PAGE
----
Australian says he created bitcoin, but some skeptical
By Byron Kaye and Jemima Kelly
SYDNEY/LONDON (Reuters) - Australian tech entrepreneur Craig Wright identified himself as the creator of controversial digital currency bitcoin on Monday but experts were divided over whether he really was the elusive person who has gone by the name of Satoshi Nakamoto until now.
Uncovering Nakamoto's real identity would solve a riddle dating back to the publication of the open source software behind the cryptocurrency in 2008, before its launch a year later.
Bitcoin has since become the world's most commonly used virtual currency, attracting the interest of banks, speculators, criminals and regulators.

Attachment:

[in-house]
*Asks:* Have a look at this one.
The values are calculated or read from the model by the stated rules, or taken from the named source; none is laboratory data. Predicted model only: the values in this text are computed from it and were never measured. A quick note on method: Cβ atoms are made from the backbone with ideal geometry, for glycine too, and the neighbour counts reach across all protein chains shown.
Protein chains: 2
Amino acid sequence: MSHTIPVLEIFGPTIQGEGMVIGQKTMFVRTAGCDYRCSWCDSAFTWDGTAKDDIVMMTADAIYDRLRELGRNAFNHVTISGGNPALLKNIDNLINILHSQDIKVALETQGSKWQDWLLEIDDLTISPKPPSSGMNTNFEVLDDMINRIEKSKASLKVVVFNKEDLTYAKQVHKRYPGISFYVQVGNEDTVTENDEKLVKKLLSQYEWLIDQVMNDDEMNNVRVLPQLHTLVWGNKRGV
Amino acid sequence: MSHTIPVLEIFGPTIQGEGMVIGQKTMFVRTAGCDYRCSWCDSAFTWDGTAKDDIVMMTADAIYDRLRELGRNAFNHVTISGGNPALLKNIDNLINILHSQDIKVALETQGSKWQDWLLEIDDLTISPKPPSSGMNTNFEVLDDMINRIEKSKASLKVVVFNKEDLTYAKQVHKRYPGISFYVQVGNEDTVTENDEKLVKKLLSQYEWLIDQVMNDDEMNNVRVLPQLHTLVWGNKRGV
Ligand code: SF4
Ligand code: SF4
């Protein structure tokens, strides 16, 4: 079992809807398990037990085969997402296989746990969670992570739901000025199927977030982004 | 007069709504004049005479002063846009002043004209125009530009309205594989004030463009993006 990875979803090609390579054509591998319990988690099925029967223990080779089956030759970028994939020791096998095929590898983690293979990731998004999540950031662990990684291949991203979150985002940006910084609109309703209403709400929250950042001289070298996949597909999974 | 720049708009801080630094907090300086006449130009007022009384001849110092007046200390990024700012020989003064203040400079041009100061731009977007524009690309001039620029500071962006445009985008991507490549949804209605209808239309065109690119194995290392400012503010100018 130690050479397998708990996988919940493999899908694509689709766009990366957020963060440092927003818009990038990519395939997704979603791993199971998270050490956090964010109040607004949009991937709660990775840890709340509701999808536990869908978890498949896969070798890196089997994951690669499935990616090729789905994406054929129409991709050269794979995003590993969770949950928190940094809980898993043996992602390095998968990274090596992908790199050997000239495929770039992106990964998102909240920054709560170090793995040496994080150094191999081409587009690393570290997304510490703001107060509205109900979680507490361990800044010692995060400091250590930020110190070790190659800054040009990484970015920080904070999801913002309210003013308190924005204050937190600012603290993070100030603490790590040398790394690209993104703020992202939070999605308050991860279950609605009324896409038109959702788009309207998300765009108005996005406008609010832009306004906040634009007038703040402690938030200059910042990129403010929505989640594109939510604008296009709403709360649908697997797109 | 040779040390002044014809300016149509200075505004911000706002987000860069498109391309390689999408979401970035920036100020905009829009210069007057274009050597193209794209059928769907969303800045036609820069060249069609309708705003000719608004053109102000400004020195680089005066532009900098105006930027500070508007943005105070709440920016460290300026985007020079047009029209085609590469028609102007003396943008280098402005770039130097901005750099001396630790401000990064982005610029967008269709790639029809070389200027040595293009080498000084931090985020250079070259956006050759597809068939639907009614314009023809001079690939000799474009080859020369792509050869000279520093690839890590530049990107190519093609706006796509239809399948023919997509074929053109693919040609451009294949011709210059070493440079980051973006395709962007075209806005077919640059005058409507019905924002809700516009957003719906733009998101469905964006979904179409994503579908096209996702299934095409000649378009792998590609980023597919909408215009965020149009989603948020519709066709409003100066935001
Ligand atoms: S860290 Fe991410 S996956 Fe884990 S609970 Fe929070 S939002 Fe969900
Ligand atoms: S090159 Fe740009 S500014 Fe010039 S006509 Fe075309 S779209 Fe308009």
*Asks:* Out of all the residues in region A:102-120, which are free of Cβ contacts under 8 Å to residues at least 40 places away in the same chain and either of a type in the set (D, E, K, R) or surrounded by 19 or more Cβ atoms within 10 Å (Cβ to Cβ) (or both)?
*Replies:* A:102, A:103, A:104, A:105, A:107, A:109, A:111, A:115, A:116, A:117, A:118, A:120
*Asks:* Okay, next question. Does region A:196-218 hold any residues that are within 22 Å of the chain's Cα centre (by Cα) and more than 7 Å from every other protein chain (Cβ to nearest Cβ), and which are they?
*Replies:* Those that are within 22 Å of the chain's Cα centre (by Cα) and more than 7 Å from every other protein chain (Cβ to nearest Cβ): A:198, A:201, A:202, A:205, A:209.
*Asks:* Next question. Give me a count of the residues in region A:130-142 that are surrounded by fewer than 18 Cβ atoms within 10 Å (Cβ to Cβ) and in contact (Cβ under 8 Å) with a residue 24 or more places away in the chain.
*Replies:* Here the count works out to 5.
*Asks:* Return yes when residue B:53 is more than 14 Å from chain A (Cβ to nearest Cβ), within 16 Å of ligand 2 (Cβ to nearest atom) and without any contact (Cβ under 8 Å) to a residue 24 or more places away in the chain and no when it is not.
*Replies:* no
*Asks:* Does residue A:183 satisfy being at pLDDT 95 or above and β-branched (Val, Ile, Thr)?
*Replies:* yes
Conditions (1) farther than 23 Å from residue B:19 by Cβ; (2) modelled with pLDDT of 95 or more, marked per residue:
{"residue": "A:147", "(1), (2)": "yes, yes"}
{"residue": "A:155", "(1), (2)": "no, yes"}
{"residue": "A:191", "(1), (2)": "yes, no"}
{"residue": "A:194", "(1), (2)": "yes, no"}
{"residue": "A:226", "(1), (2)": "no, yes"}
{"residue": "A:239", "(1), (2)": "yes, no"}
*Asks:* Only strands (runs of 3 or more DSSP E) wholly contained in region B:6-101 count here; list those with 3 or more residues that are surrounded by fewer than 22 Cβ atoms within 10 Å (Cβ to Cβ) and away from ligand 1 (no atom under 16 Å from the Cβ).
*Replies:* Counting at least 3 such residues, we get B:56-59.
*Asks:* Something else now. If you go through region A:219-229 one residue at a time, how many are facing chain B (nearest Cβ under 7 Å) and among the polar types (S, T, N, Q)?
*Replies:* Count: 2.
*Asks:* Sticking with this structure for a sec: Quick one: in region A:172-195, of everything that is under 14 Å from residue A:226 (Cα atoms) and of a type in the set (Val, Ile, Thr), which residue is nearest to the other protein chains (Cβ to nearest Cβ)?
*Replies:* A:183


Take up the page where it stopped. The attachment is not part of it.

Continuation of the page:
Worth a total of $7 billion at current levels, it fell more than 3 percent on Monday -- a normal intraday move for the volatile currency -- after the news, to below $440 from around $455, before recovering slightly.
Some online commentators suggested bitcoin's creator could help resolve a bitter row among the currency's software developers that threatens its future.
But Wright made no reference to the row in a BBC interview identifying himself as Nakamoto, and as the protocol bitcoin runs on is open-source and cannot be controlled by any one person, it is unclear whether he would be able to influence the way it develops.
"I was the main part of it, other people helped me," Wright, who is now living in London, told the BBC. "Some people will believe, Some people won't, and to tell you the truth, I don't really care," he said.
Many bitcoiners said Wright had not done enough to definitively prove that he was Nakamoto, who maintained his anonymity throughout his involvement with bitcoin, which he stepped away from in 2011. Continued...